After stints on a variety of projects as camera operator, assistant director, writer, composer, producer and director, Eugenio Mira's third feature, "Grand Piano," utilizes all of his skills simultaneously. The story of a concert pianist played by Elijah Wood who becomes the target of a deadly assassin – during his comeback performance, no less – Mira's film expertly blends great performances, sweeping storytelling, operatic music and gymnastic cinematography to create a riveting cat and mouse game that unfolds like the best movie Brian De Palma never made. The film premiered stateside at the 2013 Fantastic Fest, and drew raves from critics and audiences alike, announcing the arrival of a talent whose ability to connect with audiences is as impressive as his versatility behind the scenes.
Indiewire sat down with Mira and his star, Elijah Wood, on one of the final days of Fantastic Fest, where the director's enthusiasm was undiminished by boozy days, sleepless nights and the endless discussions about film that came in between. The two of them talked about the unique journey that Wood's character went on, and the process of structuring it according to how much the director liked him from beginning to end. They also touched on Mira's next steps as a director and the appeal of working outside of the studio system.
Elijah, this is a character who starts off in an extraordinarily anxious place. By trying to redeem himself professionally, he becomes sort of personally empowered. How much of that was in the script and how much did you bring to it to make sure that he went on a real journey?
ELIJAH WOOD: I think it was there. It was there in the script.
EUGENIO MIRA: It was subtle but it was there.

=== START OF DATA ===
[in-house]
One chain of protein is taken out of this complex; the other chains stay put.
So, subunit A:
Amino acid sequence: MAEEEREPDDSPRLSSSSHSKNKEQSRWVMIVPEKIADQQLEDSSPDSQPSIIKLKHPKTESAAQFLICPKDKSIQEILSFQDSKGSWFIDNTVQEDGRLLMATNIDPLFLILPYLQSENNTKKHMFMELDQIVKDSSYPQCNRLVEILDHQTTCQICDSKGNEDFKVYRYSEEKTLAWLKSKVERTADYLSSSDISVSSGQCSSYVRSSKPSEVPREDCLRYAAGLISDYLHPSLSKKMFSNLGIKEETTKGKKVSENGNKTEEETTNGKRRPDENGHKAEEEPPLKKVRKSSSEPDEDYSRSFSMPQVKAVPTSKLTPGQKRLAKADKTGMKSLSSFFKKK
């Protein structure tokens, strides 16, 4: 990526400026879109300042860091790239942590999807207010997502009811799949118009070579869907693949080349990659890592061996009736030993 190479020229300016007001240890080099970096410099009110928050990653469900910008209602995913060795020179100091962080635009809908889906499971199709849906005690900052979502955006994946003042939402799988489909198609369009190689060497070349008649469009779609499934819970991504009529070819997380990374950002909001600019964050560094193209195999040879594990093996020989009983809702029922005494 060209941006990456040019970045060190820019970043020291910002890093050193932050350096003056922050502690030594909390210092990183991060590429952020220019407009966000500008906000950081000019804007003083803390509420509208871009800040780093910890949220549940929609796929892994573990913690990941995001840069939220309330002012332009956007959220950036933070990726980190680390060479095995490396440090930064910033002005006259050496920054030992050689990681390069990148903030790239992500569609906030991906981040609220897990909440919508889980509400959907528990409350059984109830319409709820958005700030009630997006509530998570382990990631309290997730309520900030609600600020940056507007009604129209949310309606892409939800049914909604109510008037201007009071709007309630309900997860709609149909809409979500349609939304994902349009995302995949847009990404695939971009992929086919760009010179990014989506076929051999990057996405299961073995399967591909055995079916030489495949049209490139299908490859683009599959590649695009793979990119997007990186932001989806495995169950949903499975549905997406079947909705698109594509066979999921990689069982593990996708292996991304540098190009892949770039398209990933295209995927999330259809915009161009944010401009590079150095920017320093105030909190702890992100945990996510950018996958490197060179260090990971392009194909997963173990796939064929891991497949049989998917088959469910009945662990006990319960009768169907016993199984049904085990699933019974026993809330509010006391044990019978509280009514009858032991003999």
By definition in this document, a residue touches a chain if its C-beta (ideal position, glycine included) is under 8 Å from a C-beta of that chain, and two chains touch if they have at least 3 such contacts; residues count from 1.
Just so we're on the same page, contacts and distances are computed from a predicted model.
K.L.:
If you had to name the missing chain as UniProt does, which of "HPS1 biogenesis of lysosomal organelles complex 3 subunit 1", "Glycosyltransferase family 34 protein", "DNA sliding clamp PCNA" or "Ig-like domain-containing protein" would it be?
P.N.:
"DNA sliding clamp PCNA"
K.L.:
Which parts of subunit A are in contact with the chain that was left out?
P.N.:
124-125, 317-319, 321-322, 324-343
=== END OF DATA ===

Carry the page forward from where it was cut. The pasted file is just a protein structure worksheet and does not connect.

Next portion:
EW: It was subtle. I think it was important for us to pull that out. There were a lot of things that we talked about, you know, as actors outside of the context of the technical work that we were doing, you know, the relationship between, for instance, Tom and his wife Emma.
EM: Oh, we talked a lot about that.
EW: And what was actually happening behind the surface that isn't necessarily present in terms of articulation, but it's there. So that was really important. Understanding that Tom is effectively being controlled by all these people and he doesn't have a sense of his own autonomy. Out of the seeming goodness out of her heart, for instance, Emma has organized this whole thing because he would want this. Well, she probably never really considered his feelings about it. He probably doesn't want to be here. And then ultimately, like you said, his own sense of empowerment, where at the very beginning of the story he saying, "I'm a fuck up, I can't play this piano, this genius who taught me wouldn't want me to play this piano because of the fact that I fuck up notes." And then this idea that Reisseinger says, "Well, no, they won't understand that. It's not about the notes that you're fucking up; it's about when you play it – and he actually owns that at the end of the story as well.
So there is a real journey with the character. And then he is effectively stuck in a position of fear, but there's also activity within that. So aside from him just playing and being this puppet that he's being forced to be, he's trying to be as active as possible to get himself out of this situation. So therein lies the sort of sense of dynamics and the conversation that he ultimately has where he's trying to get the upper hand as well. There's actually a lot to play with when thinking about it. So much of my job was technical. It really was. But there was a lot of play and a lot of room to play within the context of the very regimented structures that had been created by Eugenio.
Most actors would have an easier time dealing with a more fantastical element, the physical threat as opposed to the idea of just his concert performance, since it's more immediately relatable.